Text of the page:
Friday 27 May 2022
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India labels Pakistan’s Kashmir rant as ‘self-serving narrative’

India has strongly rejected Pakistan's references to Kashmir during the Non-Aligned Movement (NAM) Ministerial Meeting in Venezuela.

United Nations: India has strongly rejected Pakistan’s references to Kashmir during the Non-Aligned Movement (NAM) Ministerial Meeting in Venezuela, saying the global forum can never be a platform for a “self-serving narrative” that aims to undermine the territorial integrity of one nation by another.

The needs to be in the vanguard of those addressing the primary issues of our times that cry for global cooperation, rather than become a platform for venting bilateral grievances between members, India’s Permanent Representative to the UN Ambassador said on Sunday in his address to the Ministerial Meeting in Caracas, Venezuela.

Akbaruddin emphasised that individual members need to ponder before “turning upon” fellow members by raising issues, in global fora, which are not on the agenda, are not part of the discussions of the outcome document in any manner, find no resonance in the wider membership and those that contravene traditions.

“Regrettably, one delegation attempted this yesterday. That no other member is responsive to such a self-serving narrative is a telling rejoinder that never was and never can be a platform for pursuits aimed at undermining the territorial integrity of a State by another State,” the Indian envoy said.

Akbaruddin did not name Pakistan but his comments were aimed at Islamabad raising the issue of Kashmir at the multi-lateral forum.

Pakistan’s Parliamentary Secretary for Foreign Affairs Andleeb Abbas, in her statement at the ministerial meeting, raked up the issue of Kashmir and made references to the recent UN Human report on the situation in Jammu and Kashmir.

India has slammed the UN report as a continuation of the earlier “false and motivated” narrative and violative of India’s sovereignty and territorial integrity.

In his statement, Akbaruddin said that while terrorists continue to “operate with great impunity and greater inhumanity,” the international community’s actions to combat the scourge have fallen short.

“Terrorism not only kills our citizens but also seeks to disrupt societies by undermining our ability to attain our development goals. Unfortunately, all our talk about combating the scourge of terrorism has not been matched by actions,” he said.

As terrorists have collapsed borders, Akbaruddin said the collective response at countering terrorism must transcend from ad hoc and crisis-orientated reaction towards building standing structures intended to be durable and insulated from rhetoric. “We, as countries, need to take the lead as it is our citizens that stand to lose the most from the lack of coordinated and coherent responses, he said. Underscoring the serious challenges of an interdependent world, he said threats that respect no borders confront everyone and transcend capacities of every nation to surmount them.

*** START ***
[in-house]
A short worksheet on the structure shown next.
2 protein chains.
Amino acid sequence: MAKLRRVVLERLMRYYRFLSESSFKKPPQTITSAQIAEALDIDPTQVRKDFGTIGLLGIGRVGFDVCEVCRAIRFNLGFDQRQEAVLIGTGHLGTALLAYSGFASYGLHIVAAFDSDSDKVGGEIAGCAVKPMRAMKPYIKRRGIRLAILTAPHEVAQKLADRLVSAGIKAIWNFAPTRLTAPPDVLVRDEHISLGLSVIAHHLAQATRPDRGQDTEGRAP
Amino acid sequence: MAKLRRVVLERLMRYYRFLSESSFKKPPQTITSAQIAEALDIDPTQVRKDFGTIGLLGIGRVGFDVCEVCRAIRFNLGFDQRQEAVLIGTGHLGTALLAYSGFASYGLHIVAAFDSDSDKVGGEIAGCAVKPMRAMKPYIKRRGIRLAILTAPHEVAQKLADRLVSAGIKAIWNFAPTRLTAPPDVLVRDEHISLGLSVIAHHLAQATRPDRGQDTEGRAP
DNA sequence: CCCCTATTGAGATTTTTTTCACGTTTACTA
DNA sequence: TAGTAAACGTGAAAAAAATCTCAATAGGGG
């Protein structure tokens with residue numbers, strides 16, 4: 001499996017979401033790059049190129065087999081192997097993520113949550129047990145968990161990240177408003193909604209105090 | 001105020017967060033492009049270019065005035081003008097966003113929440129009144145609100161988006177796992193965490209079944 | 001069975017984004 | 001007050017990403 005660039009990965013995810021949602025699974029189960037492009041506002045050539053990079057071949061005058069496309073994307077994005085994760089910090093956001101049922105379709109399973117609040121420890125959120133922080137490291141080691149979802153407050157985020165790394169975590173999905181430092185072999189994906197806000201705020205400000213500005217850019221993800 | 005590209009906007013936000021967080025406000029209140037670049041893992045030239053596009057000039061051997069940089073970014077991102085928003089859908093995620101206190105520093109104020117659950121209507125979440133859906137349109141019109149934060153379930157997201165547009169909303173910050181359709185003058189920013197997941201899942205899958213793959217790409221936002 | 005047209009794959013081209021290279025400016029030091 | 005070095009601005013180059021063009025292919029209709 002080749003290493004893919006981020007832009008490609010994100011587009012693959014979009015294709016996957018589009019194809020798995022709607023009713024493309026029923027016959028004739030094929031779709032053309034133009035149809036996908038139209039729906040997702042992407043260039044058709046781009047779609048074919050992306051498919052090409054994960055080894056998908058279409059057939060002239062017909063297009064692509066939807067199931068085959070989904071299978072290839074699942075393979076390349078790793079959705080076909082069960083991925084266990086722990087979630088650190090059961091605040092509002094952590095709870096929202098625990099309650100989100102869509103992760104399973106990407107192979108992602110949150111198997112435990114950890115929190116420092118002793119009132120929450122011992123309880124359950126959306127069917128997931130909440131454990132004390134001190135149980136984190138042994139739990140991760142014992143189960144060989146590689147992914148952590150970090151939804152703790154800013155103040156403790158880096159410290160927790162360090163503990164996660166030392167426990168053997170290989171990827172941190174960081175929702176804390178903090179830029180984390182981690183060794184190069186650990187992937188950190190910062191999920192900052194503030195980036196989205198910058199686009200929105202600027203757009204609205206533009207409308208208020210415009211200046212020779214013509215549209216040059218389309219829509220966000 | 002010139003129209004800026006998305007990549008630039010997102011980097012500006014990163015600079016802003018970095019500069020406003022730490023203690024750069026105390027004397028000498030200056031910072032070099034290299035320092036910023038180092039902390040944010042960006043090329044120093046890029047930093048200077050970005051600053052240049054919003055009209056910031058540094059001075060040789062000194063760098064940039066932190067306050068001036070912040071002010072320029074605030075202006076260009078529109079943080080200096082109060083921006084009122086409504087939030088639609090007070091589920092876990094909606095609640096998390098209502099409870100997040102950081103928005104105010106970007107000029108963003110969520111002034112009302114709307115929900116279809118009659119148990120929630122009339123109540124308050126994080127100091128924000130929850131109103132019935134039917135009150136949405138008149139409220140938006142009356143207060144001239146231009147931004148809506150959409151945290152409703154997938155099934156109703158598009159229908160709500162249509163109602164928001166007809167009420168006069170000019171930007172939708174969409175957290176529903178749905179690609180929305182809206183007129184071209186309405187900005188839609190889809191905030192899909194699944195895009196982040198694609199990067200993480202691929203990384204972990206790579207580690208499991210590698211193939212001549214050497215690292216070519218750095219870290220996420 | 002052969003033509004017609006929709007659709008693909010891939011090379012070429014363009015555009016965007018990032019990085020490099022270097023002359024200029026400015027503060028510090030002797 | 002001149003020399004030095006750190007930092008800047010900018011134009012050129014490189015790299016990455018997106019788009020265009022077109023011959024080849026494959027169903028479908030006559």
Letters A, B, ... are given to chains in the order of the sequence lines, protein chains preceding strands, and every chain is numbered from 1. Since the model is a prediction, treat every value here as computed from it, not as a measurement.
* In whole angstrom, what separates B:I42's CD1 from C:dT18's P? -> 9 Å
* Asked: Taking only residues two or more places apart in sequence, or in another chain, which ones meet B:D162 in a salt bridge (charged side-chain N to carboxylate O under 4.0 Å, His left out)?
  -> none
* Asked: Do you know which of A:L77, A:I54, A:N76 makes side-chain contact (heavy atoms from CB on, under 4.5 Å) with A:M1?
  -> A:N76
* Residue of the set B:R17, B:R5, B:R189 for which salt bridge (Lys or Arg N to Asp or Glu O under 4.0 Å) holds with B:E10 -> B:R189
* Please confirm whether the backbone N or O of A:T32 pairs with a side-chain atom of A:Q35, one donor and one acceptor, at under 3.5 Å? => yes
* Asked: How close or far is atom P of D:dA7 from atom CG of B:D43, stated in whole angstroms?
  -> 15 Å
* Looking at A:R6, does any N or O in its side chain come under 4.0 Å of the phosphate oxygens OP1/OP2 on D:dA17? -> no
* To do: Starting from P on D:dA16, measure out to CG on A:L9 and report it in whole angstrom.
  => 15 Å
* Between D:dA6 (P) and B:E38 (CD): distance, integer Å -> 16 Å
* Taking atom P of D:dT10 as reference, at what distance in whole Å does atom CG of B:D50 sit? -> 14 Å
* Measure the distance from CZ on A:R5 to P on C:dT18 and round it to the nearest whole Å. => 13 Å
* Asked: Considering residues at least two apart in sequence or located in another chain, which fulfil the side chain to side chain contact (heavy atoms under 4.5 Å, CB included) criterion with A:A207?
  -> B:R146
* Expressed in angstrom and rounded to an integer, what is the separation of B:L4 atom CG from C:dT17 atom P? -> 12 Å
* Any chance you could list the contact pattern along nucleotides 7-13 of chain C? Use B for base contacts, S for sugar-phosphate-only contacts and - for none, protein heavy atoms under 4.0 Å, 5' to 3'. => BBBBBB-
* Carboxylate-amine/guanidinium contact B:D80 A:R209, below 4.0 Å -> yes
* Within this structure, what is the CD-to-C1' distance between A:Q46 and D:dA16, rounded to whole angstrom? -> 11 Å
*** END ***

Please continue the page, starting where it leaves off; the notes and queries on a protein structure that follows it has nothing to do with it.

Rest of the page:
Change has become a pressing emergency; environmental challenges are an urgent reality; pandemics threaten the accrued gains of global health; terrorism has expanded alarmingly; humanitarian nightmares are playing out repetitively,” he said.

“We live in times when more, and not less, collaborative and cooperative efforts are needed for managing the opportunities and challenges that we face. Common answers to each of these global issues require effective multilateralism. No amount of coercion or unilateral measures can resolve our primary concerns,” he said.

While the has had a glorious past, Akbaruddin how the forum will be perceived in the future will be defined by how it addressed the defining challenges of current times – change, digital technologies and terrorism, as well as how we reform existing multilateral institutions to our needs.

“Sadly, today our inertia is considerable. Even when it is clear that collective action is required, we steer clear from the action, pleading consensus is required for change,” he said.

Akbaruddin called for re-examining the methodology of discussion and decision-making, saying the international community’s agenda needs to be progressive and forward-looking.

“The world is awash with new challenges. However, to effectively make a difference, we, the NAM, need to undertake a new journey. A journey which needs to begin soon.”

Alluding to the words of Swami Vivekananda, Akbaruddin warned that failure to “catch the wind” will leave everyone behind once again.

“If we succeed, we will all stand to benefit. Together, we can revitalise our shared institutions and strengthen and reform multilateralism, so as to maximize the prospects for a peaceful and prosperous 21st century for all our people.

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